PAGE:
Smith, Kathleen B.
- Journal Article
Rights / licenseCreative Commons Attribution 4.0 International
Cellulose is a pervasive polymer, displaying hierarchical lengthscales and exceptional strength and stiffness. Cellulose's complex organization, however, also hinders the detailed understanding of the assembly, mesoscopic properties, and structure of individual cellulose building blocks. This study combines nanolithography with atomic force microscopy to unveil the properties and structure of single cellulose nanofibrils under weak geometrical confinement. By statistical analysis of the fibril morphology, it emerges that confinement induces both orientational ordering and self‐folding of the fibrils. Excluded volume simulations reveal that this effect does not arise from a fibril population bias applied by the confining slit, but rather that the fibril conformation itself changes under confinement, with self‐folding favoring fibril's free volume entropy. Moreover, a nonstochastics angular bending probability of the fibril kinks is measured, ruling out alternating amorphous–crystalline regions. These findings push forward the understanding of cellulose nanofibrils and may inspire the design of functional materials based on fibrous templates. Show more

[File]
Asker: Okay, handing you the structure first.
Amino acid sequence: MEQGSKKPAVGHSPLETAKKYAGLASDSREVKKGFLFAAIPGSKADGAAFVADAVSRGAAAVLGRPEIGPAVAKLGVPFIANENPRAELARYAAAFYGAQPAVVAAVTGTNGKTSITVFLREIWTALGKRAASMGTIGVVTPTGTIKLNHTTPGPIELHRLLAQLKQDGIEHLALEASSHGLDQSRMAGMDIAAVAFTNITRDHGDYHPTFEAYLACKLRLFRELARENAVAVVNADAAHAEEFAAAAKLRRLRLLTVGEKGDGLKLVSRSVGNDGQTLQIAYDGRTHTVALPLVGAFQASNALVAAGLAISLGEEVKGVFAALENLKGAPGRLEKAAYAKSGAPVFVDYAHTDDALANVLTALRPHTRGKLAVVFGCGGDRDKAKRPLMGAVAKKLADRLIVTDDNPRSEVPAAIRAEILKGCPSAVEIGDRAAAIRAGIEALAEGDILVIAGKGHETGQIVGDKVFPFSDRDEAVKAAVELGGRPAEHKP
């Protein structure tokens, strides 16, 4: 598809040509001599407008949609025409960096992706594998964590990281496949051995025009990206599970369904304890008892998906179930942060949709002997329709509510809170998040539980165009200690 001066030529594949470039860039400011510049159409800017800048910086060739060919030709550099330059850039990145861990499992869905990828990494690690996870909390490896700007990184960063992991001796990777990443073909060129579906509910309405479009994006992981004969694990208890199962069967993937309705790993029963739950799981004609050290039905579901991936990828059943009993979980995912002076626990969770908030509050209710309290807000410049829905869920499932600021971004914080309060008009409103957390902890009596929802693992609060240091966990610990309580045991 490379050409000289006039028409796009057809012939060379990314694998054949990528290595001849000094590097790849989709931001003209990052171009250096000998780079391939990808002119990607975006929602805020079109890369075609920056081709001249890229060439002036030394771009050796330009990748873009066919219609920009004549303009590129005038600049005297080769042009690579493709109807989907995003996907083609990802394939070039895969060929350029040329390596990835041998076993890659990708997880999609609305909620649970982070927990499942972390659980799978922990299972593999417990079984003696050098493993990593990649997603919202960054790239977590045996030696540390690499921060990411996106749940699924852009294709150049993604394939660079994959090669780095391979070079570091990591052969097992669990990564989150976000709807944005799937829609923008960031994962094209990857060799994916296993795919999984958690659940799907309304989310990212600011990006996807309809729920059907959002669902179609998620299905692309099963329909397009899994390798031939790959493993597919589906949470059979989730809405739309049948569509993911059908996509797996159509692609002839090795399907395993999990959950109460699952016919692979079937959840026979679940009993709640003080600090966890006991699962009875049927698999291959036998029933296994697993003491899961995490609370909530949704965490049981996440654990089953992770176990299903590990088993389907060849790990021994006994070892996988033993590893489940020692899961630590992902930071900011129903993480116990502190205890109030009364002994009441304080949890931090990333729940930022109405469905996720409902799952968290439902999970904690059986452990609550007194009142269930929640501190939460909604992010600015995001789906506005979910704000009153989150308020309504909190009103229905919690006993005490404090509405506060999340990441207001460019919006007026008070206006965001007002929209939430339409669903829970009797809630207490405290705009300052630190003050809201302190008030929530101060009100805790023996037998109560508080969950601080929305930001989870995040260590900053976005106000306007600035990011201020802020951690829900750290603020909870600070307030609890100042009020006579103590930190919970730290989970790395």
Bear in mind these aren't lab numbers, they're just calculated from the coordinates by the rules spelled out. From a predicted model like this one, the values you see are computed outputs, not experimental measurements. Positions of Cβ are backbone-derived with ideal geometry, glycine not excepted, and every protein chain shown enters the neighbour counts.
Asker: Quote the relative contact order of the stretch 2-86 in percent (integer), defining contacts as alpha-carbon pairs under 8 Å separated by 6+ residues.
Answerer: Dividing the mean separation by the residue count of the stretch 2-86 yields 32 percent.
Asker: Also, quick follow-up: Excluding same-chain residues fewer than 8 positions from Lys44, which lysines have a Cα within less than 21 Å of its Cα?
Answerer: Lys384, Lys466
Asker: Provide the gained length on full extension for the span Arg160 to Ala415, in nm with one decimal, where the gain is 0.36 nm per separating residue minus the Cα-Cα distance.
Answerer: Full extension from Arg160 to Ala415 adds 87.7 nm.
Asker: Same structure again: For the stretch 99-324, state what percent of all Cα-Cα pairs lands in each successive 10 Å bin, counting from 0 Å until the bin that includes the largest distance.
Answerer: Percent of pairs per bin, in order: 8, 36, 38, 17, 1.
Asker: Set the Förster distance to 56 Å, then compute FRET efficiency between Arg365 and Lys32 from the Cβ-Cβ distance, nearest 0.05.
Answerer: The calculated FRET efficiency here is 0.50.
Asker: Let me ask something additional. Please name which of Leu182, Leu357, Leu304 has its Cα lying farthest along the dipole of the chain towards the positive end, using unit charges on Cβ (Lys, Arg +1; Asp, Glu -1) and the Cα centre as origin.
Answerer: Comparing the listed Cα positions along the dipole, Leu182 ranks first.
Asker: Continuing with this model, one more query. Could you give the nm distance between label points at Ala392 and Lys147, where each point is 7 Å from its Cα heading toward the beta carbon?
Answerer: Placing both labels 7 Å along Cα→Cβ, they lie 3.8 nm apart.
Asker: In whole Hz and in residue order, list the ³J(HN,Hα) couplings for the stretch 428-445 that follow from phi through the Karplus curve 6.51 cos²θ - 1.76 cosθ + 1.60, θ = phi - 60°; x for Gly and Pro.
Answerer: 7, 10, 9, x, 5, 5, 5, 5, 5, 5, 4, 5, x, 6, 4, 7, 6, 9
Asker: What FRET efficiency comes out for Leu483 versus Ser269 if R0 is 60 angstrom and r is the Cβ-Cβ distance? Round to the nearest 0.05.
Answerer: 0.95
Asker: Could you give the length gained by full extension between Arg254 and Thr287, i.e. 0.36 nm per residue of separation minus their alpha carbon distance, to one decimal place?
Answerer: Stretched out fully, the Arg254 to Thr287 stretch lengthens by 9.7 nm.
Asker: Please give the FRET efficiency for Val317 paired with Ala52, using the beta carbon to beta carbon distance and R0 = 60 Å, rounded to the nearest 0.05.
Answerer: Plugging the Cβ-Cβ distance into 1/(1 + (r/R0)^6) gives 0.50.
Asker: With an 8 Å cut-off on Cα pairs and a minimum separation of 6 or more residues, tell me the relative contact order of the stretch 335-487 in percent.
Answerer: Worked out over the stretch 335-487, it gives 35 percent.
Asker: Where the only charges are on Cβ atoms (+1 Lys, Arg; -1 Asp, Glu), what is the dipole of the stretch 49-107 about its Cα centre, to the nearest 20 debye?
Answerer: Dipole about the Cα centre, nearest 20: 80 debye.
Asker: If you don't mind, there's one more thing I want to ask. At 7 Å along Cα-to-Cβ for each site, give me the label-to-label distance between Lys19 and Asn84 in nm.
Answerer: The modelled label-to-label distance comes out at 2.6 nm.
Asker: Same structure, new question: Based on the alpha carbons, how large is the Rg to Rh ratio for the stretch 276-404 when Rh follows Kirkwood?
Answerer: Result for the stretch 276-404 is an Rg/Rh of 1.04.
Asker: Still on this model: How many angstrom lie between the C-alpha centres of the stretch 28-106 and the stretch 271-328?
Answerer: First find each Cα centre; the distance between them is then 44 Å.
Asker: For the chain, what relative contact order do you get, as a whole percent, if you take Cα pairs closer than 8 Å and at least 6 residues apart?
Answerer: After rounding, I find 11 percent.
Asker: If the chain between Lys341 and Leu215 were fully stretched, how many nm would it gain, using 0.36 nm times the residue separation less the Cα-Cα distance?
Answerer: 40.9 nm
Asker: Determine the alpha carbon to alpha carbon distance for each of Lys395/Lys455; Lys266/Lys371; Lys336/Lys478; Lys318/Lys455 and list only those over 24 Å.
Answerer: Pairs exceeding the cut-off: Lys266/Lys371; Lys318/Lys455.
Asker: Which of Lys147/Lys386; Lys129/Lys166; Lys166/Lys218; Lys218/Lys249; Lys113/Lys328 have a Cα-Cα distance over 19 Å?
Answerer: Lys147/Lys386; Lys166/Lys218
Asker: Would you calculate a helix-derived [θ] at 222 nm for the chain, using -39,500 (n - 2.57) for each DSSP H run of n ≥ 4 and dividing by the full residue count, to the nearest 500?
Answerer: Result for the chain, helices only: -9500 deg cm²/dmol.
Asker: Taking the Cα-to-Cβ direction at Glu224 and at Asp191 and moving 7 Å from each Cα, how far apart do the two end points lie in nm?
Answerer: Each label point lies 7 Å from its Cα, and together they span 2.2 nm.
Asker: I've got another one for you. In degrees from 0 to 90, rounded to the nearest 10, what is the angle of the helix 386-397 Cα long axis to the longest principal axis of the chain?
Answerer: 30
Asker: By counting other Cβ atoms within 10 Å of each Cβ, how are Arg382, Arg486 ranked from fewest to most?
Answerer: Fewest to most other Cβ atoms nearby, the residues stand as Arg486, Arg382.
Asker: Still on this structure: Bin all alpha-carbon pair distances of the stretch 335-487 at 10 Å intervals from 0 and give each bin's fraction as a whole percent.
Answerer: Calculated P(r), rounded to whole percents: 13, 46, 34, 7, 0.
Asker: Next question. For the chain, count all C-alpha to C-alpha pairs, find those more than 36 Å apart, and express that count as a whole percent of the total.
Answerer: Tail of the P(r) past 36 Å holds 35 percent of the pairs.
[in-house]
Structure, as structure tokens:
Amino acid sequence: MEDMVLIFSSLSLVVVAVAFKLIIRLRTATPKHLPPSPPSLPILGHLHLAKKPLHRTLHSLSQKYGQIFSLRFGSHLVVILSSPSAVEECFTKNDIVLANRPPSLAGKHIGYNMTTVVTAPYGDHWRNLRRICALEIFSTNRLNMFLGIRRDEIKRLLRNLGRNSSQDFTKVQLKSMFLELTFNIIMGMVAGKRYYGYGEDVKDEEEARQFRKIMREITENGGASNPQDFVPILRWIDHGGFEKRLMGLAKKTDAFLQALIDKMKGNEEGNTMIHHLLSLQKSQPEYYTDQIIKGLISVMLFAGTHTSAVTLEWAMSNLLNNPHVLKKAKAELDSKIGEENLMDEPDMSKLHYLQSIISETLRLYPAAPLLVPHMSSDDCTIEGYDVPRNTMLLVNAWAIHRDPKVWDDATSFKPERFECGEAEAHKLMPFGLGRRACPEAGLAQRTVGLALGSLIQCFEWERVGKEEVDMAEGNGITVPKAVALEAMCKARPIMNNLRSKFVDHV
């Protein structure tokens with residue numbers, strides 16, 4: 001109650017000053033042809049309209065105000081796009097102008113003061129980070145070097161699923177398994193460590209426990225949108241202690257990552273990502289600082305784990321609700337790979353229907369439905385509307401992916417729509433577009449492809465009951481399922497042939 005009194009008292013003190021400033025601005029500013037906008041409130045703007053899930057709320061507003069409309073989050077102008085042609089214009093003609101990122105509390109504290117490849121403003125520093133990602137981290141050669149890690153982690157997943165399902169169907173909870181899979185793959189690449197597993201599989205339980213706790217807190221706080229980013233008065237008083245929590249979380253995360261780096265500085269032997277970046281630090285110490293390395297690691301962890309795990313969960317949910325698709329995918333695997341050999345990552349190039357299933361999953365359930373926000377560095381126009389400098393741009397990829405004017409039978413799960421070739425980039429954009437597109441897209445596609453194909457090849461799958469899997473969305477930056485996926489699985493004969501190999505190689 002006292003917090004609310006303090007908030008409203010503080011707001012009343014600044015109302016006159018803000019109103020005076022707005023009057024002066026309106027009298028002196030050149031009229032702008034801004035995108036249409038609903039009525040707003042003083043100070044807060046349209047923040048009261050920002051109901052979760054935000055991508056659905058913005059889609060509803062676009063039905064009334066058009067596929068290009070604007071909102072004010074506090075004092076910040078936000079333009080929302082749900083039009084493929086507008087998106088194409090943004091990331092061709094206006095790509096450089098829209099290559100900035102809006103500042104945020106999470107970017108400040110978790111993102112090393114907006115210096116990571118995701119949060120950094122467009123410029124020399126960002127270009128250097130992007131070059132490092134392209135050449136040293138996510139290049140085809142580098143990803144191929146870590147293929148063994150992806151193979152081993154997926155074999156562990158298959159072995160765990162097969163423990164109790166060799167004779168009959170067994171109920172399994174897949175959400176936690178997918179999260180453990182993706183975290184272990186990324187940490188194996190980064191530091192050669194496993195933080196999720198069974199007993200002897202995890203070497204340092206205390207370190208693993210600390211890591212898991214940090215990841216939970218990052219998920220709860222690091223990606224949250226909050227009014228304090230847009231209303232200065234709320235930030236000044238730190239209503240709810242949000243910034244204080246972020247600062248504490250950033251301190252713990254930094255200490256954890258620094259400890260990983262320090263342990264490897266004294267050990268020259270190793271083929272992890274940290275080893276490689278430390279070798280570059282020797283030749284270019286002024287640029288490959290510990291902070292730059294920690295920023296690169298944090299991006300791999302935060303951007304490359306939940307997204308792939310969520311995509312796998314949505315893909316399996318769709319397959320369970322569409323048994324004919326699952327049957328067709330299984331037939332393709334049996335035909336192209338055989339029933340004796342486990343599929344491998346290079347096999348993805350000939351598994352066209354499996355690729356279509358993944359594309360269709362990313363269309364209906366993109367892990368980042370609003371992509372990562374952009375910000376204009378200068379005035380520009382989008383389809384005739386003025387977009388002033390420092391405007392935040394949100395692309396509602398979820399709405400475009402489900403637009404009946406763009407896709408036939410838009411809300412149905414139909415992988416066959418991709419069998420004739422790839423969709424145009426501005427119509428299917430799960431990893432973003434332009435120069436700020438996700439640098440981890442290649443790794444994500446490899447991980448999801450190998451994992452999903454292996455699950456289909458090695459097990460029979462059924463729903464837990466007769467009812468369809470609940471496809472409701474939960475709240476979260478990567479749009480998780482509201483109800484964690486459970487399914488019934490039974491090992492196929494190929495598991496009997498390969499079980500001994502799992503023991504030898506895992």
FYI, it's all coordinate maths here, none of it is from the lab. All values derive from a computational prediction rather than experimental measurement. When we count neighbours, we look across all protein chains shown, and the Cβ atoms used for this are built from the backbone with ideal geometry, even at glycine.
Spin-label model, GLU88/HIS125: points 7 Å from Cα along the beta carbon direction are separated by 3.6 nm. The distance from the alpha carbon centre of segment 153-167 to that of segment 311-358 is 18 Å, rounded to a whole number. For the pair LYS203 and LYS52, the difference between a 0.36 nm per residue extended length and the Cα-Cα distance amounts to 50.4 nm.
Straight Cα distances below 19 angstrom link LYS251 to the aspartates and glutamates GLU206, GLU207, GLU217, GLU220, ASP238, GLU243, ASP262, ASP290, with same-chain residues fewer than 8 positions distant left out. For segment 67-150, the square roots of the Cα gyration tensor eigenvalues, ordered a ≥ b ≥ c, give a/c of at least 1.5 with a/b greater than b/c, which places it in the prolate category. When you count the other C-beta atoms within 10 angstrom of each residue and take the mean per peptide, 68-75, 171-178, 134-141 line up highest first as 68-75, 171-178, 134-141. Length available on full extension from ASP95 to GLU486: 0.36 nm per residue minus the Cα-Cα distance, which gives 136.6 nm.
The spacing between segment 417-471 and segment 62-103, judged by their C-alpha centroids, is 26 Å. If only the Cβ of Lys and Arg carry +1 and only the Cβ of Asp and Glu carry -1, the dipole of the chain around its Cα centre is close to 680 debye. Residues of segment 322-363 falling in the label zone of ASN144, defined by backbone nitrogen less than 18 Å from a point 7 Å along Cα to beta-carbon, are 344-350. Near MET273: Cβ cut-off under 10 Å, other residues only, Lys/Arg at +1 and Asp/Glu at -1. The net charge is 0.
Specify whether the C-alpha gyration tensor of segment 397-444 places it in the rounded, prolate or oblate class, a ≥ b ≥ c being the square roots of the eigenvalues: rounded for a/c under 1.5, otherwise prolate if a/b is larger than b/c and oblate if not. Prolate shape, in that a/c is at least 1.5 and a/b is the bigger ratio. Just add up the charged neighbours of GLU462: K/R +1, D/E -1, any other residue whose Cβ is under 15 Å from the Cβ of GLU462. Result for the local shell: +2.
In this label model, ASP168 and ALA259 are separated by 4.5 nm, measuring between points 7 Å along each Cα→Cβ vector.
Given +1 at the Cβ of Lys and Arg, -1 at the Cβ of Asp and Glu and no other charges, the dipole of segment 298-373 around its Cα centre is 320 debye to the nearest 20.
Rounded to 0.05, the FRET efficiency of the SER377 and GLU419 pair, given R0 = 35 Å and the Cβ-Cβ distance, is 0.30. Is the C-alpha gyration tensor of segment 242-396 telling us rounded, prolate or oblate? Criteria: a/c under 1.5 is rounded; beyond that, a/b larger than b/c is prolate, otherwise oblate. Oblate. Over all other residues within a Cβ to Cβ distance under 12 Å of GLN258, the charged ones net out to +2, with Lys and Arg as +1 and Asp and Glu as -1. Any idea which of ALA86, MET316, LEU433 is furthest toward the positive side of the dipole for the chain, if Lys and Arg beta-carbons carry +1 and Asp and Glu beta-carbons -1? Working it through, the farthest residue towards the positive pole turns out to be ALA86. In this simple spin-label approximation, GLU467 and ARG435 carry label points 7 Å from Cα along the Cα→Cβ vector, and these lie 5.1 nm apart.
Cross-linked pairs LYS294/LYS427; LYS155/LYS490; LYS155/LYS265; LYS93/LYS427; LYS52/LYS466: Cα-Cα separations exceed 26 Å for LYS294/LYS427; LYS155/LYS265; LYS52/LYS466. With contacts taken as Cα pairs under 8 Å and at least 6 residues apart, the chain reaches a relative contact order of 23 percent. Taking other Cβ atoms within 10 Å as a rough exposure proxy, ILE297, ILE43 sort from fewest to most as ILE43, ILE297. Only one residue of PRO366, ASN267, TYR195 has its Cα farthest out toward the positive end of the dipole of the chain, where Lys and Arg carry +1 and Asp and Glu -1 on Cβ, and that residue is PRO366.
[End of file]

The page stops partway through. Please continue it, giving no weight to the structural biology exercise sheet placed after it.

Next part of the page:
Journal / seriesAdvanced Science
Pages / Article No.
Subjectalignment; cellulose nanofibrils; confinement; kink distribution; mesoscopic properties
Organisational unit03857 - Mezzenga, Raffaele / Mezzenga, Raffaele
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